Hal Kanter was a prolific comedy writer whose career spanned six decades of radio, films television comedies and awards shows.
Born in Savannah, Georgia on December 18, 1918, his family moved to Long Island when he was a child. His father, Albert, created
Classics Illustrated, comic-book versions of classic books. From a young age, Kanter was interested in theater and creating
cartoons and writing jokes. He sold his first cartoon in 1933 and for the following five years was a free-lance cartoonist
for newspapers and magazines. In 1936 his work took him to Hollywood where he wrote for the Jack Oakie radio program. Kanter
briefly wrote for Olsen and Johnson's Hellzapoppin' in New York, and then as a freelancer wrote 25 radio dramas before his
March 1941 induction into the U.S. Army. Until his discharge in 1945, Kanter wrote, produced, and acted in Armed Forces Radio
Service shows aired over stations KOA, KLZ, and other local stations in Colorado; built and ran radio stations in Eniwetok
and Guam; and served as a combat correspondent on Iwo Jima.
Kanter flourished in TV's Golden Age, beginning by co-creating and writing the innovative Ed Wynn Show in 1950. Making the
leap to film the following year, Kanter co-wrote Two Tickets to Broadway for RKO. He landed a contract with Paramount Pictures
soon after, where his assignments included several Bob Hope hit comedies, including My Favorite Spy (1951) and Casanova's
Big Night (1953). In 1952, he co-wrote The Road to Bali for Hope and Bing Crosby. During this period, Kanter also wrote several
screenplays that helped launch another comedy team, Dean Martin & Jerry Lewis, including Money from Home (1953) and Artists
and Models (1955). Flexing his dramatic skills, Kanter adapted the 1954 screen version of Tennessee Williams' The Rose Tattoo.
In 1955, Kanter co-wrote and made his TV directorial debut with the award-winning George Gobel Show (for which Kanter shared
a Best Written Comedy Material Emmy in 1955). The following year, Kanter made his film directorial debut with I Married A
Woman, starring Gobel. Kanter also directed pop icon Elvis Presley in his hit movie Loving You (1957), and Rowan & Martin
in their western spoof Once Upon A Horse (1957). Over the next decade, Kanter wrote or co-wrote numerous screenplays, including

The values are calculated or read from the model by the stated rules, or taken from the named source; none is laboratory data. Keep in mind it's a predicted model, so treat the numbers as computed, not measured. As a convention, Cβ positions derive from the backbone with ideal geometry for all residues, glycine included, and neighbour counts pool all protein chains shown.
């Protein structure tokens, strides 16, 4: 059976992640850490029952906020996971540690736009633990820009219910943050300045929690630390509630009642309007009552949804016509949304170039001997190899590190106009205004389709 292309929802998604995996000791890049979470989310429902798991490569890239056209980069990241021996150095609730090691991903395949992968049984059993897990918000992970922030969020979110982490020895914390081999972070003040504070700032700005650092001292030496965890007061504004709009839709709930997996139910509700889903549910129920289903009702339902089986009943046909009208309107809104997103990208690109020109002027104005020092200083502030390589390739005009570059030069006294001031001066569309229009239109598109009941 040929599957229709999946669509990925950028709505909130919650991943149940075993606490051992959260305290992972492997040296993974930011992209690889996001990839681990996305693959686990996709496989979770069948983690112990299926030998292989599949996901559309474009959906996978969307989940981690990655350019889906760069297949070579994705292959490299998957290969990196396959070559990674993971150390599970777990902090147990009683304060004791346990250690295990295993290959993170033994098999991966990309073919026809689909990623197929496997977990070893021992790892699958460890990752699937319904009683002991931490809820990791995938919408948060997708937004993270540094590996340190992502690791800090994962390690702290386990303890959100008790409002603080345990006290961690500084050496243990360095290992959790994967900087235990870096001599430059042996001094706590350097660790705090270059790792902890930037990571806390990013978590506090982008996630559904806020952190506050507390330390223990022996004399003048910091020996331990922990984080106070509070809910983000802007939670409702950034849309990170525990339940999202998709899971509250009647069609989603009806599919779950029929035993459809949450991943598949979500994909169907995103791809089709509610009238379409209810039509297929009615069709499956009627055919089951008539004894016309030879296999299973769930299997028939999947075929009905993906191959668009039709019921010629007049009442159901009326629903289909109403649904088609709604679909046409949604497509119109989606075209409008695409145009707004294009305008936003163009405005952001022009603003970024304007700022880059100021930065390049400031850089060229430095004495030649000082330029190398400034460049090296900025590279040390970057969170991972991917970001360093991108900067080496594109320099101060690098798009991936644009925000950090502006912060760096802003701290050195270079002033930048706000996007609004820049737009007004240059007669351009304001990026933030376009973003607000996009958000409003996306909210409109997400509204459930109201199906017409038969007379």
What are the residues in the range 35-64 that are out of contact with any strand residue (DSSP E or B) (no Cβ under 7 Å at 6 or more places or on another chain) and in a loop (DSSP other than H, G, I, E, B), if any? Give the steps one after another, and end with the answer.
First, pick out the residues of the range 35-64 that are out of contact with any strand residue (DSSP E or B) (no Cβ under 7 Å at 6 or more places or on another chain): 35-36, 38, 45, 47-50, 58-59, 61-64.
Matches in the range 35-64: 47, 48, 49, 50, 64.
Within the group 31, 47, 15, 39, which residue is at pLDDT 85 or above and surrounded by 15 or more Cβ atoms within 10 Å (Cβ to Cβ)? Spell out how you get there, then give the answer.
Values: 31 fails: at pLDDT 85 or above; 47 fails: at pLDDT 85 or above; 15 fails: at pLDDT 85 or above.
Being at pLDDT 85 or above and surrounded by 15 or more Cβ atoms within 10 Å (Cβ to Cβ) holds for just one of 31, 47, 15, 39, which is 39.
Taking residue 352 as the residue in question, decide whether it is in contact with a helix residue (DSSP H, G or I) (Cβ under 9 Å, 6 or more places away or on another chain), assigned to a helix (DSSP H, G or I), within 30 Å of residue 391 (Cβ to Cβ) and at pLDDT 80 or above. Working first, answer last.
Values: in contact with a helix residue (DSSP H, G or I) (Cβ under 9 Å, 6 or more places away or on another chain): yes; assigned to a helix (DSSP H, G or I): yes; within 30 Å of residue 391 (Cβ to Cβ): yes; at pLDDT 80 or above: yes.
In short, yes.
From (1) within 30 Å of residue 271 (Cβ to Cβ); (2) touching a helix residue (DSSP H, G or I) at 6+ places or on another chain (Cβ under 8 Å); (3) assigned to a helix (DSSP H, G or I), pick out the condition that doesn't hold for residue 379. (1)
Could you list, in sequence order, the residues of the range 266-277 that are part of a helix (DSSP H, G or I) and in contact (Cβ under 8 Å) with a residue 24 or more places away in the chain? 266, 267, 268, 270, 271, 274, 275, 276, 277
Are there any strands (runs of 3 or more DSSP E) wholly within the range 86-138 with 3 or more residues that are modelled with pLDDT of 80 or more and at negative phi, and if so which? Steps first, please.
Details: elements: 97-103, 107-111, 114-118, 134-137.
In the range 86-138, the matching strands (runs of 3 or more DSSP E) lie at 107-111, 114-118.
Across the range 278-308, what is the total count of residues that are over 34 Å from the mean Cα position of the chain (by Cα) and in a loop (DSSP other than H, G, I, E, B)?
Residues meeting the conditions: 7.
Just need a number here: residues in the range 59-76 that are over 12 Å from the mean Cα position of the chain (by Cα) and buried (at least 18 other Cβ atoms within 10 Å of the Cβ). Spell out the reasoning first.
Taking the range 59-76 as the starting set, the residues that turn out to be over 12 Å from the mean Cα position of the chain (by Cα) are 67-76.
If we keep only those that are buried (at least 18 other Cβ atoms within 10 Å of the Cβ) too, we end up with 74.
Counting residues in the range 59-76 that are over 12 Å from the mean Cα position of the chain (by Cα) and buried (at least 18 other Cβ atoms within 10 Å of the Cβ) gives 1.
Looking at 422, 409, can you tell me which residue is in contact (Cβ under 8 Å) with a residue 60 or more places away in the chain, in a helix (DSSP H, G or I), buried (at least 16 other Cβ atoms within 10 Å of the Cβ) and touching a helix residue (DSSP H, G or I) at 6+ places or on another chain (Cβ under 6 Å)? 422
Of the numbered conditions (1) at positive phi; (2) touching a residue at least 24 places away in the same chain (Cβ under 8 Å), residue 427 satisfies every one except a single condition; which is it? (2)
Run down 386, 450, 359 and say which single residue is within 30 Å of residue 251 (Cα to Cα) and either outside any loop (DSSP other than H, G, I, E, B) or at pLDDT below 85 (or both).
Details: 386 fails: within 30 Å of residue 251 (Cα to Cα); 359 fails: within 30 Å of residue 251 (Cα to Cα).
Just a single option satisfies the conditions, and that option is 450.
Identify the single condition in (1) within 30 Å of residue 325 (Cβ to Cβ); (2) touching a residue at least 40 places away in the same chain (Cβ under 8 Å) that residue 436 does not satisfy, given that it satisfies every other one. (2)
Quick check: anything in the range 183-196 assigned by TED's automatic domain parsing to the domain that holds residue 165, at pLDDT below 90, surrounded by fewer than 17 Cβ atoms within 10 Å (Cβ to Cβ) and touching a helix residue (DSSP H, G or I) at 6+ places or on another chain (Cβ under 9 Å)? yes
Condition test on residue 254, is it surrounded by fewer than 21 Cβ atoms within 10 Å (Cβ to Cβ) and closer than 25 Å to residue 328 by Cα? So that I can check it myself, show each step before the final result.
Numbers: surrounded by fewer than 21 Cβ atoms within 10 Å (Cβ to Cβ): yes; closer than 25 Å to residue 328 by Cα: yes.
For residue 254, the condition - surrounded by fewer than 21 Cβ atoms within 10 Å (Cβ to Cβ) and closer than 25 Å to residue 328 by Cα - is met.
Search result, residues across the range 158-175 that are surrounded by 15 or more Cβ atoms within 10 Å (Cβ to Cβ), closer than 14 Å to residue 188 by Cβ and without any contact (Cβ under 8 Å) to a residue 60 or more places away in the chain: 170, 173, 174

Mardi Gras (1958), Let's Make Love (which earned a shared 1960 WGA nomination), Pocketful of Miracles (1961), and Blue Hawaii,
which earned a 1962 WGA nomination.
Returning to television in the mid-'60s, Kanter created Julia, starring Diahann Carrroll, the first network television show
with a female African-American lead, that shattered stereotypes in its portrayal of a professional, working woman of color.
This earned Kanter an Emmy for Outstanding Comedy Series in 1969. In 1976, Kanter was hired as Bob Hope's head writer. That
same year, he was named Executive Producer of the seminal sitcom All in the Family (for which Kanter shared a 1976 Emmy nomination
for Outstanding Comedy Series). Beginning in the early 1950s Kanter began writing for the annual Academy Awards telecast,
often hosted by his friend Bob Hope. He contributed to the telecasts long after Hope had ceded hosting duties to others, and
in all wrote for 34 Oscars ceremonies. He twice shared Emmy Awards, for the 63rd and 64th Oscar telecasts. In 1999, at the
age of 80, Kanter published his candid autobiography, So Far, So Funny: My Life in Show Business.
Hal Kanter was an active member of the Writers Guild of America, joining in 1950 and remaining for the rest of his life. He
was also a founding member of the Writers Guild Foundation, and served on its board from 1979 to his death. “Perhaps one of
Kanter's most indelible contributions to the Guild has taken place outside the boardroom: contributing a wealth of material
for many annual Writers Guild Awards shows, adding his signature comic sensibility as writer, host, presenter, and featured
entertainer over the years.” For all of his achievements and service, he received the WGA West’s Valentine Davies Award for
industry/community service in 1983, the WGA West’s Paddy Chayefsky Laurel Award for Television in 1989, and the WGA West’s
Morgan Cox Award for service to the Guild in 2005.
Kanter passed away on November 6, 2011 at his home in Encino at the age of 92. He was survived by his wife of 70 years, writer
Doris Kanter (m. September 5, 1941); his daughters Donna Kanter, Lisa Kanter Shafer and Abigail Kanter Jaye; his sister, Saralea
Emerson; and a granddaughter.—Adapted from a WGAw press release.